The forum explored challenges and key policy interventions for achieving climate neutrality. The CNF was informed by the work of the Intergovernmental Panel on Climate Change (IPCC) during its 6th Assessment Cycle, in particular the IPCC Special Report on Warming of 1.5 C (SR1.5) and the IPCC Working Group I report on Scientific Understanding of Climate Change, published in August 2021.  

Climate neutrality is considered to mean a cessation of further warming of the Earth’s climate system by atmospheric greenhouse gases. It is aligned with, and informed by, the Paris Agreement temperature goal to hold “the increase in the global average temperature to well below 2°C above pre-industrial levels and pursuing efforts to limit the temperature increase to 1.5°C.”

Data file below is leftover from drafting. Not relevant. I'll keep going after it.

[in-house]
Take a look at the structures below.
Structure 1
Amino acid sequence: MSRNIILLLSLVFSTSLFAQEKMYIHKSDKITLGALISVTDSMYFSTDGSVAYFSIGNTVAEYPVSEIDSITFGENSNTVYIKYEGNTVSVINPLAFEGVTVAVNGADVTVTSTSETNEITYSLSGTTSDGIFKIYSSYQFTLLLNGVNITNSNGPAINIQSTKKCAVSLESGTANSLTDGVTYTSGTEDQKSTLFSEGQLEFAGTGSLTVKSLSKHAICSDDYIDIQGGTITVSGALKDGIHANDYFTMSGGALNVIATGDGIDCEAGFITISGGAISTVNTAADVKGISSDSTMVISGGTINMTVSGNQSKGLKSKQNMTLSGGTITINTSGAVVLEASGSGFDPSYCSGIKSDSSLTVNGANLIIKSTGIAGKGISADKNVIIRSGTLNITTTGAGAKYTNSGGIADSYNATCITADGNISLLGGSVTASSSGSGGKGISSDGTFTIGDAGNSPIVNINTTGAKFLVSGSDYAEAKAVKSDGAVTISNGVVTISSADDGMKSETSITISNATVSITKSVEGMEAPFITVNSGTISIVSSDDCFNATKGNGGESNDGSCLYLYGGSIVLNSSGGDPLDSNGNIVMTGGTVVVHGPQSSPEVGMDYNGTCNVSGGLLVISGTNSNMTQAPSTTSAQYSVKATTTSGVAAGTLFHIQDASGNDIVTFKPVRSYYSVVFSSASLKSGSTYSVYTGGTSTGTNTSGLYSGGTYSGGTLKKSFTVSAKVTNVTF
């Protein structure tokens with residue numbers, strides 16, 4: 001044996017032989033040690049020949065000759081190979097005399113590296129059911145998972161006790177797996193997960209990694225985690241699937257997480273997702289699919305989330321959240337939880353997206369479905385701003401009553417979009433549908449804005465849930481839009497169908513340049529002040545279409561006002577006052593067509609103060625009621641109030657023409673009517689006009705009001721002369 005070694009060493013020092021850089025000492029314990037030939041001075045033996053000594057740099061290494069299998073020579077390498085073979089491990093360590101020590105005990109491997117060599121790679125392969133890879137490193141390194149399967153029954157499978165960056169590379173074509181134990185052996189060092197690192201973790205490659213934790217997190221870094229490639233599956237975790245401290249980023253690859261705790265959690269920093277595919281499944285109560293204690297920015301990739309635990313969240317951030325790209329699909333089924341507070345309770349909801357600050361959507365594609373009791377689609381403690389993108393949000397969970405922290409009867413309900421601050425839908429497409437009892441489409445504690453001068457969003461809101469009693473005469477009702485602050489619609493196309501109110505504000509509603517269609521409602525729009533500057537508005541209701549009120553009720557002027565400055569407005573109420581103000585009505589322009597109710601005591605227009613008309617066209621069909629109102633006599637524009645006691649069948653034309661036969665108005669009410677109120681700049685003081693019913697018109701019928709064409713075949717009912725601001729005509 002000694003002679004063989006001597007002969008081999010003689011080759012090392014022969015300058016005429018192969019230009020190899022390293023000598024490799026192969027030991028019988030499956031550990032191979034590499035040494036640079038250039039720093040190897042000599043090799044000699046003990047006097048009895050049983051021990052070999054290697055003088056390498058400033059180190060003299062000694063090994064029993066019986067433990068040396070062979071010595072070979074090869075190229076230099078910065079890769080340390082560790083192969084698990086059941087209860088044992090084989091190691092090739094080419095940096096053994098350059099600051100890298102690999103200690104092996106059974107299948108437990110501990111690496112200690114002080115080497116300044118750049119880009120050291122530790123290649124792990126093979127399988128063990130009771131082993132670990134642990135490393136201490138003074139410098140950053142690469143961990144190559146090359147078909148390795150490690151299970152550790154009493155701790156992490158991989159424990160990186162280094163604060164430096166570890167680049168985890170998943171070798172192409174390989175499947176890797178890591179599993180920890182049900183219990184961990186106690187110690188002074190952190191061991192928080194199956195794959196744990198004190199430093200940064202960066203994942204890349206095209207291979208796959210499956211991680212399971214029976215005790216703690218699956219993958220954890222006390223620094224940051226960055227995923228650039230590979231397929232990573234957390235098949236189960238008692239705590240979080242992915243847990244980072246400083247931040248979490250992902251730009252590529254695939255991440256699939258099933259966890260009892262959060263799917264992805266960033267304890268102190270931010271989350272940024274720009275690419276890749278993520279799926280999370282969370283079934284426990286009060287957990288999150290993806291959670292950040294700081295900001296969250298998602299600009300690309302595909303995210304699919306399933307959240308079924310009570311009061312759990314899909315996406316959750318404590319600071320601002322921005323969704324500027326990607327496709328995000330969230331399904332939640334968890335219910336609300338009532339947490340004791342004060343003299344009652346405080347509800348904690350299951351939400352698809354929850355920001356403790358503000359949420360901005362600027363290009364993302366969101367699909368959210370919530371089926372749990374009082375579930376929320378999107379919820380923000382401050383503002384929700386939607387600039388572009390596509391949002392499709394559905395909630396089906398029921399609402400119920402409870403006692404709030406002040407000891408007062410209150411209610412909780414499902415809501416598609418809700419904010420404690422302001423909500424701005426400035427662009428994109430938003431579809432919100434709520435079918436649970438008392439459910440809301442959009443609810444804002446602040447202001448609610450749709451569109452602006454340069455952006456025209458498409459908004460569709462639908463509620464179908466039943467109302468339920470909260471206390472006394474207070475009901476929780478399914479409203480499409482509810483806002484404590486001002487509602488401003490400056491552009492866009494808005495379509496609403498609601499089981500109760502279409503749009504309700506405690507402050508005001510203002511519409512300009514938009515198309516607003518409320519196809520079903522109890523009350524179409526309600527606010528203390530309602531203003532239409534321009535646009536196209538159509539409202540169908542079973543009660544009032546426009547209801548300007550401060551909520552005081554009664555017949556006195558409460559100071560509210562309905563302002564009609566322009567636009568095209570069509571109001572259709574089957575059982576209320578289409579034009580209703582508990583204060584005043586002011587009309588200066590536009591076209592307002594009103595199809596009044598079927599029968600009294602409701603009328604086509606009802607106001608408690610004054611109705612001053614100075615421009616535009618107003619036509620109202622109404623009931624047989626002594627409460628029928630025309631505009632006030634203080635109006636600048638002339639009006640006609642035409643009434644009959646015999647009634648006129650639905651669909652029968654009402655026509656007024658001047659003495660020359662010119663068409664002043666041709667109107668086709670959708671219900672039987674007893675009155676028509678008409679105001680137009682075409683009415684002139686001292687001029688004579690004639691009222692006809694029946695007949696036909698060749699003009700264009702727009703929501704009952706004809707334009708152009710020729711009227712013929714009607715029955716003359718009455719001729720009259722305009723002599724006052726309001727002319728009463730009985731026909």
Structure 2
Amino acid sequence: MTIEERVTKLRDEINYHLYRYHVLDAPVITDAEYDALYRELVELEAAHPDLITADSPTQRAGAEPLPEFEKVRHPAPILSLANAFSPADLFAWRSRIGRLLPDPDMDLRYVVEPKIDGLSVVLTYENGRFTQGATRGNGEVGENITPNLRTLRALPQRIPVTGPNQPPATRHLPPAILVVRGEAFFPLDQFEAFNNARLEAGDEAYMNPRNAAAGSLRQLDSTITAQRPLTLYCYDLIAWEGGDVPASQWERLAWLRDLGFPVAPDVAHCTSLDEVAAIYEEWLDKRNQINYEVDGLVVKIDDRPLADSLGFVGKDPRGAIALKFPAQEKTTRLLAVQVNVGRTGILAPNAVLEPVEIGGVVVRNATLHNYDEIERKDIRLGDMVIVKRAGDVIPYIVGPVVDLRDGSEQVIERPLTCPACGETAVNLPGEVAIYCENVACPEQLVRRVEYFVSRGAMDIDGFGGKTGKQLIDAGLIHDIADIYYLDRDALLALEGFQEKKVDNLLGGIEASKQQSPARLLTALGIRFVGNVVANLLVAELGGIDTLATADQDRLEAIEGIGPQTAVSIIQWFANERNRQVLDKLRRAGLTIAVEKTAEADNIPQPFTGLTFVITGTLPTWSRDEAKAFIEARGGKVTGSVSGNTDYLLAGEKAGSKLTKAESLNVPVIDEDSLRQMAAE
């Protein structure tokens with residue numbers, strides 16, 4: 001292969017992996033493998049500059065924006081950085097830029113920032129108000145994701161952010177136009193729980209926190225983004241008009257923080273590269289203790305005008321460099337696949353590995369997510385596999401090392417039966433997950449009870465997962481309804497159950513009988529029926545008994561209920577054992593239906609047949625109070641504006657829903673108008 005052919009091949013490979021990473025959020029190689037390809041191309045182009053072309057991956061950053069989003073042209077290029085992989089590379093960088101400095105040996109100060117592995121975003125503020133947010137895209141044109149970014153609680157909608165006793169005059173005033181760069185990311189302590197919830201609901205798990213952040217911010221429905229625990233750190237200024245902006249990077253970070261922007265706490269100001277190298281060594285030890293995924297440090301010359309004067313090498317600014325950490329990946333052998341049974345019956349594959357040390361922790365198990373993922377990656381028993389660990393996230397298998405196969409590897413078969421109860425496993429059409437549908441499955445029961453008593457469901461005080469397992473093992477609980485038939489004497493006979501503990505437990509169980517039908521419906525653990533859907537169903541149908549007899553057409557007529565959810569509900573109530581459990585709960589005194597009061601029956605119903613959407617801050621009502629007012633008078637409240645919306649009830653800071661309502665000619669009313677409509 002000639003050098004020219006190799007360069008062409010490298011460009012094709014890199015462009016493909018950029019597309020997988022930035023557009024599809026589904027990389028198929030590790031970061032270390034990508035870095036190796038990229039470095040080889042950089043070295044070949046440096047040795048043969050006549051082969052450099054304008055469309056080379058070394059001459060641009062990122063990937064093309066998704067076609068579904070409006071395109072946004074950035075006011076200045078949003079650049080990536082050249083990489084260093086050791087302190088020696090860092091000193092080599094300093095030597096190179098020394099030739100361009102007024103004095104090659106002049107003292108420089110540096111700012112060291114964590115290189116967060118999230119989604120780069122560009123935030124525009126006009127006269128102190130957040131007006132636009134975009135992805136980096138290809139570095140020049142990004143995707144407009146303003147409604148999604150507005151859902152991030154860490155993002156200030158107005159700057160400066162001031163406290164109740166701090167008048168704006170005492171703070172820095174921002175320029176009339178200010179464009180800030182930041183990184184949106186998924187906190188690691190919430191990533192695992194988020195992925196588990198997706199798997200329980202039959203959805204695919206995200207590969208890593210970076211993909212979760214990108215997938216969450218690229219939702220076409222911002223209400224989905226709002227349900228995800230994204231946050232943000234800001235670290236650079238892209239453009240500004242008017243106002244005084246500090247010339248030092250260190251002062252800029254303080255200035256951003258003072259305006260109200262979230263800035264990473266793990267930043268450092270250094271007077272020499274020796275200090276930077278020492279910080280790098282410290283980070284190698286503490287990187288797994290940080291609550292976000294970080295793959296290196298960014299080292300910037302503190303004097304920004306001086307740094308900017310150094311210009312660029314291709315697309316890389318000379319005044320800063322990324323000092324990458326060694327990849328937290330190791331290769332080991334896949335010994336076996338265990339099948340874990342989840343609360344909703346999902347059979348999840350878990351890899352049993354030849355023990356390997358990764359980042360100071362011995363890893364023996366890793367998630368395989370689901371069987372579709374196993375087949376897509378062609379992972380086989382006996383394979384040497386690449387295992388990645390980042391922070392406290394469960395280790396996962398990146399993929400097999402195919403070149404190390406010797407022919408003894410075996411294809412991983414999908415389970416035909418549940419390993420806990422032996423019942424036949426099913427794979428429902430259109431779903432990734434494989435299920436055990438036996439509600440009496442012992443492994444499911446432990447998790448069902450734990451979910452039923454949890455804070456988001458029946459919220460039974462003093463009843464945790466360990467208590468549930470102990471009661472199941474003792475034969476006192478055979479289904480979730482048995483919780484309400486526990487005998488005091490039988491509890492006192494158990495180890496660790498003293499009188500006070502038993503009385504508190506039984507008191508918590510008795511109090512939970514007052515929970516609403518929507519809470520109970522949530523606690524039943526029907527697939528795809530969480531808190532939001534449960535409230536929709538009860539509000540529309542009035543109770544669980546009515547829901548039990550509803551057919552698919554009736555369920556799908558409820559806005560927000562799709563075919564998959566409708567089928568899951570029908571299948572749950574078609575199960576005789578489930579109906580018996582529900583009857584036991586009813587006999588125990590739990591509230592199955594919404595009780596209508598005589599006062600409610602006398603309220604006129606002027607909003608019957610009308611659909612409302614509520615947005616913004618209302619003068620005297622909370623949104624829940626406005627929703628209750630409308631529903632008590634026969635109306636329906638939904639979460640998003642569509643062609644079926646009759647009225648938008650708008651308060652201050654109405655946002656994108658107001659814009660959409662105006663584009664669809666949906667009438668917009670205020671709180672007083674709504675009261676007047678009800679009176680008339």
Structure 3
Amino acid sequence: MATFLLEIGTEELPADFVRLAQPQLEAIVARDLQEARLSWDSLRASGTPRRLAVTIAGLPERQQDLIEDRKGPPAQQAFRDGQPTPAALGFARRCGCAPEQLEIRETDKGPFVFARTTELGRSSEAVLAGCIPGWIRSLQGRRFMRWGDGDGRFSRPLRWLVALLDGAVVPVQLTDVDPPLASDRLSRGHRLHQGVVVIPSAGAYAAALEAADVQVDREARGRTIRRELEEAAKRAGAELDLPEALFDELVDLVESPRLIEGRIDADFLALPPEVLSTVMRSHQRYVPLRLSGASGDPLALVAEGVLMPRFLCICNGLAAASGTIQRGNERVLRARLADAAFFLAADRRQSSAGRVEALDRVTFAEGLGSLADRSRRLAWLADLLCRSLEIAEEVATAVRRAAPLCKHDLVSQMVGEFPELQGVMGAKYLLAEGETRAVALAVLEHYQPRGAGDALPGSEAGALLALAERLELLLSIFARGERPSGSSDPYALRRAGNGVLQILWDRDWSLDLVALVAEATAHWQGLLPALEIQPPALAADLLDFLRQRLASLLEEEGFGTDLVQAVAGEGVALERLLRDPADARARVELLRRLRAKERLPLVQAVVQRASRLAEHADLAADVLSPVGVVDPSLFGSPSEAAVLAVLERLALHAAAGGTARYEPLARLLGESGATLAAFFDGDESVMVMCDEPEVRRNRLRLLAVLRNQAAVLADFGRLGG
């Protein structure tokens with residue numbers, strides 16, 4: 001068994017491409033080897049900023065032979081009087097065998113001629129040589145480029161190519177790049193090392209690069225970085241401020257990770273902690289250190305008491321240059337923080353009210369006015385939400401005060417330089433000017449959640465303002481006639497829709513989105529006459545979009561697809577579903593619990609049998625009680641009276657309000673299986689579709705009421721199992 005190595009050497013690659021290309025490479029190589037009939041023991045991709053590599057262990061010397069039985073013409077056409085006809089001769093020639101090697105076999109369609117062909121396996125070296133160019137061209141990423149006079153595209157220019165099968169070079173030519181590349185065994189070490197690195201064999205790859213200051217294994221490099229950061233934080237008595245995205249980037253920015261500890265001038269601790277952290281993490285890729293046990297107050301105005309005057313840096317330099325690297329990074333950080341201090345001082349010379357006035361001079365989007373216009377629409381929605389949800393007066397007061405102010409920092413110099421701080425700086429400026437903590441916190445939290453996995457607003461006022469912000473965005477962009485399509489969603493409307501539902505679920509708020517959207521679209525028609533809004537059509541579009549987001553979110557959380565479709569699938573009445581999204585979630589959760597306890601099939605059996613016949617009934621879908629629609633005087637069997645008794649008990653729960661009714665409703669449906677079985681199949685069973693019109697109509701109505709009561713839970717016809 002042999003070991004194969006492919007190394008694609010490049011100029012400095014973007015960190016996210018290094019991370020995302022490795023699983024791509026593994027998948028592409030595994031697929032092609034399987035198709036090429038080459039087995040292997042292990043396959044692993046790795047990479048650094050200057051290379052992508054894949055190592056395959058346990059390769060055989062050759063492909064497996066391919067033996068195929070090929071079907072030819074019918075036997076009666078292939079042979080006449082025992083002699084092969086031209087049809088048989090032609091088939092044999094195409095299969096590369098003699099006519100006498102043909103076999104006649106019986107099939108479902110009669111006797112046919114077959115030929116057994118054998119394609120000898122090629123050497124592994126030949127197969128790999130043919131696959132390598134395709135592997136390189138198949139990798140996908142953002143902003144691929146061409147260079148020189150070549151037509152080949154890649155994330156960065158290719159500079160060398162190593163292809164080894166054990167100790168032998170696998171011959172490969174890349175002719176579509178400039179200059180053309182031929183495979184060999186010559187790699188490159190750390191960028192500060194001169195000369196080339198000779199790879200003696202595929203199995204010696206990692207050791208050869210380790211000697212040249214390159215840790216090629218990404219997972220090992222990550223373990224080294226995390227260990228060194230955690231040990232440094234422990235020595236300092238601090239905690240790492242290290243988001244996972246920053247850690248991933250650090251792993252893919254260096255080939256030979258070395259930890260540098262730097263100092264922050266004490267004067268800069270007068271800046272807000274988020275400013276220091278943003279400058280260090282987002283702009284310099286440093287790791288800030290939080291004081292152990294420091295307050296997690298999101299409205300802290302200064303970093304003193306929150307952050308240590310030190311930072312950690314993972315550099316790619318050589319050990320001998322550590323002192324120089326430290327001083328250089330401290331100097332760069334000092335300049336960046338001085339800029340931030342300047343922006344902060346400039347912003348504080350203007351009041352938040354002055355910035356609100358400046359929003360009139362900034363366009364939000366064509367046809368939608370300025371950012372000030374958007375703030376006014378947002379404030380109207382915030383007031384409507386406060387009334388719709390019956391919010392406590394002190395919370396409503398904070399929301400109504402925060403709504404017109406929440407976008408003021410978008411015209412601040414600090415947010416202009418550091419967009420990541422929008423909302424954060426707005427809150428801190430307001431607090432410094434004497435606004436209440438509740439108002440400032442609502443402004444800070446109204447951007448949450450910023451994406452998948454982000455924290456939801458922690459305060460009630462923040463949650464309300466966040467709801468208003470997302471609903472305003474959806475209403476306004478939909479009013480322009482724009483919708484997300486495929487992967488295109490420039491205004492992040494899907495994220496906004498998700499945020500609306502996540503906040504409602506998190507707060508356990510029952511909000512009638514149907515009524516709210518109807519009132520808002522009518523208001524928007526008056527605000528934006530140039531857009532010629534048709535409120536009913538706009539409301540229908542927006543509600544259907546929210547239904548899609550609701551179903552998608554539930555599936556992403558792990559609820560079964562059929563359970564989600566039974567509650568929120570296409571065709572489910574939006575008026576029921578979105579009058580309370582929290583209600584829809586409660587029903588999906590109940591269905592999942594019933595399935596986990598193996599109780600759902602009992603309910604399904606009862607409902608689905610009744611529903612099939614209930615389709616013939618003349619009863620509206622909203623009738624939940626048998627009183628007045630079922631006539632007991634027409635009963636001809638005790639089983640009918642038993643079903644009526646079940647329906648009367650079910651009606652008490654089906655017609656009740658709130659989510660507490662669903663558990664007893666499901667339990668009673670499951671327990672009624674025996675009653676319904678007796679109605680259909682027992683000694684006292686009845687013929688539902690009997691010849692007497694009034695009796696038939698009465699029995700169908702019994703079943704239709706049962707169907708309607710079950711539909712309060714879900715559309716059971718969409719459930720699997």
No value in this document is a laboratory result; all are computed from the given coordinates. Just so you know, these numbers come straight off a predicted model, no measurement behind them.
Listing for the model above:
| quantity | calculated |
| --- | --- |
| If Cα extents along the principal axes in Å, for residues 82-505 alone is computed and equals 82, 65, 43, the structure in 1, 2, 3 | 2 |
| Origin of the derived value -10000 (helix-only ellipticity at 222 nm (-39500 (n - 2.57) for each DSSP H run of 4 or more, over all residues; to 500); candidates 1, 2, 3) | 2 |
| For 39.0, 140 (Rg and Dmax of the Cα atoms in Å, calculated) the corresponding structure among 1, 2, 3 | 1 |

The forum sought Sensitive Intervention Points for achieving climate neutrality, which were evaluated on:  

TIMING

To halve emissions by 2030, and again by 2040, or accelerate removals in time for 2050

IMPACT

To reduce GHG emissions by 1Gt by 2030 or 2040, or scale GGR for 2050 

PRACTICALITY

Politically, technologically and economically

RISK

The unintended consequences and trade-offs

climate neturality forum: recommendations for policymakers

For equity and a just transition

Interventions must explicitly consider their impacts on stakeholders across all sectors to deal with each form of equity outlined in the 2021 Climate Neutrality Forum Report. Climate and Nature Aligned debt restructuring is needed to ensure an equitable post-Covid ‘green recovery’ and address the increasing financial stress in developing countries adapting to climate catastrophes. New revenue streams are needed to close the gaps in international climate finance and address intergenerational Climate Equity.

For rapid emissions reductions